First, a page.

"The need for connection and community is primal, as fundamental as the need for air, water, and food." Dean Ornish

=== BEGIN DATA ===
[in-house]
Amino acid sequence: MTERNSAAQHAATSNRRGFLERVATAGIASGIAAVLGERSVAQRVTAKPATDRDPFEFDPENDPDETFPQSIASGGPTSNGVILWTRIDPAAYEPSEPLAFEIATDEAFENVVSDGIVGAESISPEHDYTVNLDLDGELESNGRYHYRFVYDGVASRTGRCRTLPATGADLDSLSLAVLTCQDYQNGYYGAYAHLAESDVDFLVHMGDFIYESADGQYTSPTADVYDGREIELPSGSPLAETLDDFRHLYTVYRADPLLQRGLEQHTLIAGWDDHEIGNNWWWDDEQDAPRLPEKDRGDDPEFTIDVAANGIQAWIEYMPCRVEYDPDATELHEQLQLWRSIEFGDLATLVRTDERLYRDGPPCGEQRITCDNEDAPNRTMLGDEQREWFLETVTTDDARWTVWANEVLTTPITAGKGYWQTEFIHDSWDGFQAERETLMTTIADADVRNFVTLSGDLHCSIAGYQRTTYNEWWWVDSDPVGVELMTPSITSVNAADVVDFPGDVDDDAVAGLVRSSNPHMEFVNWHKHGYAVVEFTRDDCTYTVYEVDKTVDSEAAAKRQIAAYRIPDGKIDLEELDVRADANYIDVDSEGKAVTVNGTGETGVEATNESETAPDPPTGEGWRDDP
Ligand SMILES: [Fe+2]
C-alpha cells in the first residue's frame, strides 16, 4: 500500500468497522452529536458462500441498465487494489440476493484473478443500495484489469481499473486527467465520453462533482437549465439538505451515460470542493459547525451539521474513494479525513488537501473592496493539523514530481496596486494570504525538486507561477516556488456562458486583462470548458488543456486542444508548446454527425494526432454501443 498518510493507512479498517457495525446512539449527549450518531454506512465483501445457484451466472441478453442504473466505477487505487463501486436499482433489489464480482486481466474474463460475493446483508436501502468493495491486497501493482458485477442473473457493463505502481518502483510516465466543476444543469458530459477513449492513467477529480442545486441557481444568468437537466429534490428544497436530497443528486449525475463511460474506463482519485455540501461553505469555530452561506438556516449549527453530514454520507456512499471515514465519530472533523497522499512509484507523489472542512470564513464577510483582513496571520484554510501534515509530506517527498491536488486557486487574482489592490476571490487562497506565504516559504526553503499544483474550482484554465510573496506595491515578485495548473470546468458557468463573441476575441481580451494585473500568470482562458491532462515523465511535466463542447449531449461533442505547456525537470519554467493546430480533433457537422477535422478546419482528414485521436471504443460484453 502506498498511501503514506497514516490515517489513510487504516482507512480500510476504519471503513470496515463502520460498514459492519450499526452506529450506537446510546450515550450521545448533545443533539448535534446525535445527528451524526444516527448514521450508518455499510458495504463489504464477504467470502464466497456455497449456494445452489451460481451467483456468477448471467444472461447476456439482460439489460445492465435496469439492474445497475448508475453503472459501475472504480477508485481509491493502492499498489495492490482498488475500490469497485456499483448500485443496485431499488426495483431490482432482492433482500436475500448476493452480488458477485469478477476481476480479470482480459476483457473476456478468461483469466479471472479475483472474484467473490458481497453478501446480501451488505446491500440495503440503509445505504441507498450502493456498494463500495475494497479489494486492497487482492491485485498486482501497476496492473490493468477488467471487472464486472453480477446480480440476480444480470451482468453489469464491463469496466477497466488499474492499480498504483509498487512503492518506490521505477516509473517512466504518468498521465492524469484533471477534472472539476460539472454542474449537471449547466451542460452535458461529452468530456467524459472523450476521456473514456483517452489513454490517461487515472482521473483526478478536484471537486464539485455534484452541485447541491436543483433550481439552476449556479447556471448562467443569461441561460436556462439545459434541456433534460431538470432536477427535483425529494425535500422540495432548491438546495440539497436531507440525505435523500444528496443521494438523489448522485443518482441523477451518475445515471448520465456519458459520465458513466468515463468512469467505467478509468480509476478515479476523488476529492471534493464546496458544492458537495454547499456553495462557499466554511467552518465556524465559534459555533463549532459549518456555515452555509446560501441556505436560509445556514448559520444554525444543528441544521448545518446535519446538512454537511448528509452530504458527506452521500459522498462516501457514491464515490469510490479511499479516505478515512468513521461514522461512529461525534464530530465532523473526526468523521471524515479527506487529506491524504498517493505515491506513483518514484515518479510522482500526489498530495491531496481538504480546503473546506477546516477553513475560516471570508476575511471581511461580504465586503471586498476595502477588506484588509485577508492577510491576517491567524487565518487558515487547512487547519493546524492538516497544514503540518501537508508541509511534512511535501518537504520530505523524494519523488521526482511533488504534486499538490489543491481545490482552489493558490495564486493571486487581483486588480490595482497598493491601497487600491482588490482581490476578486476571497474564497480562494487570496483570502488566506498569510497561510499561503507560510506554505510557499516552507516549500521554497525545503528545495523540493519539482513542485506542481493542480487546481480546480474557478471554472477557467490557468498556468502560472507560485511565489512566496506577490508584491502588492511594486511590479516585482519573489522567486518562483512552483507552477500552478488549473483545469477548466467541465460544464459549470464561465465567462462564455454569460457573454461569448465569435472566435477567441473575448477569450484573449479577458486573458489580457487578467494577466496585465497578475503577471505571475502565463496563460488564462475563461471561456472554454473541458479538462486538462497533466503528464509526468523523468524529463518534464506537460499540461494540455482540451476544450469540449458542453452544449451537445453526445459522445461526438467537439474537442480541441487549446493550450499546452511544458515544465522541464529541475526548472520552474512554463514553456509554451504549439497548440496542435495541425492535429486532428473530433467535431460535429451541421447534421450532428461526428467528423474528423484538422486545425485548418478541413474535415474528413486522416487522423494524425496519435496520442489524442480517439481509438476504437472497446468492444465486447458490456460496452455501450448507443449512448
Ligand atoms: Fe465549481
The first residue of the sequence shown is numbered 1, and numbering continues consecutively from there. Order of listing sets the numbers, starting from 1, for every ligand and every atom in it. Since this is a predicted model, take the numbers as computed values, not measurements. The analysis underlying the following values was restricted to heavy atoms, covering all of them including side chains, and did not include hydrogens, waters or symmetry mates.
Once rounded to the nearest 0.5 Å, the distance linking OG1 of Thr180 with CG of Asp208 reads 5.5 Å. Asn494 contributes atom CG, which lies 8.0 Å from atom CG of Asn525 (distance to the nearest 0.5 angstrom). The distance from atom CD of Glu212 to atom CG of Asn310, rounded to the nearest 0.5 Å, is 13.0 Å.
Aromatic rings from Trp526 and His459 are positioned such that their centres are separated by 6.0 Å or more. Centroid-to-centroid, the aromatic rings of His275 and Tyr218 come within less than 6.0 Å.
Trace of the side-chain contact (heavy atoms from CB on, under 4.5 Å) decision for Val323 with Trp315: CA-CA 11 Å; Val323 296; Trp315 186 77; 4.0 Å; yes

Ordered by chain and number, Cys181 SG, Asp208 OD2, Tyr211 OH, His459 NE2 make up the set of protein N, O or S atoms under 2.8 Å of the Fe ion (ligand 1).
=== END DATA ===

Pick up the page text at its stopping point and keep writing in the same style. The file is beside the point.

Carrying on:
Giving up on people with purpose can provide us peace. Spending time away from people who forsake us helps provide us the necessary clarity to choose to let them go. Sometimes you just don’t check-in with people and suddenly two weeks, a month, or 6 months have passed. Let it be. Resist the urge and eventually it goes away. Flimsy connections fade when not reinforced especially when no solid foundation is to be found. This is not the people we may not talk to for months or years at a time but remain bonded to steadfast. This is the people who never quite make it past the constant assurance phase, and when that affirmation is no longer provided, we question the connection or feel like its dissipated. We know the difference. We have to listen to that difference. People are not meant to be so much effort. We don't have to win people over. People are not meant to be earned. There's an indescribable natural element to relationships. It cannot be forced. Forcing it only leads to disappointment when the inevitable disconnection happens. People who want to be in community with us will do that - they'll be with us.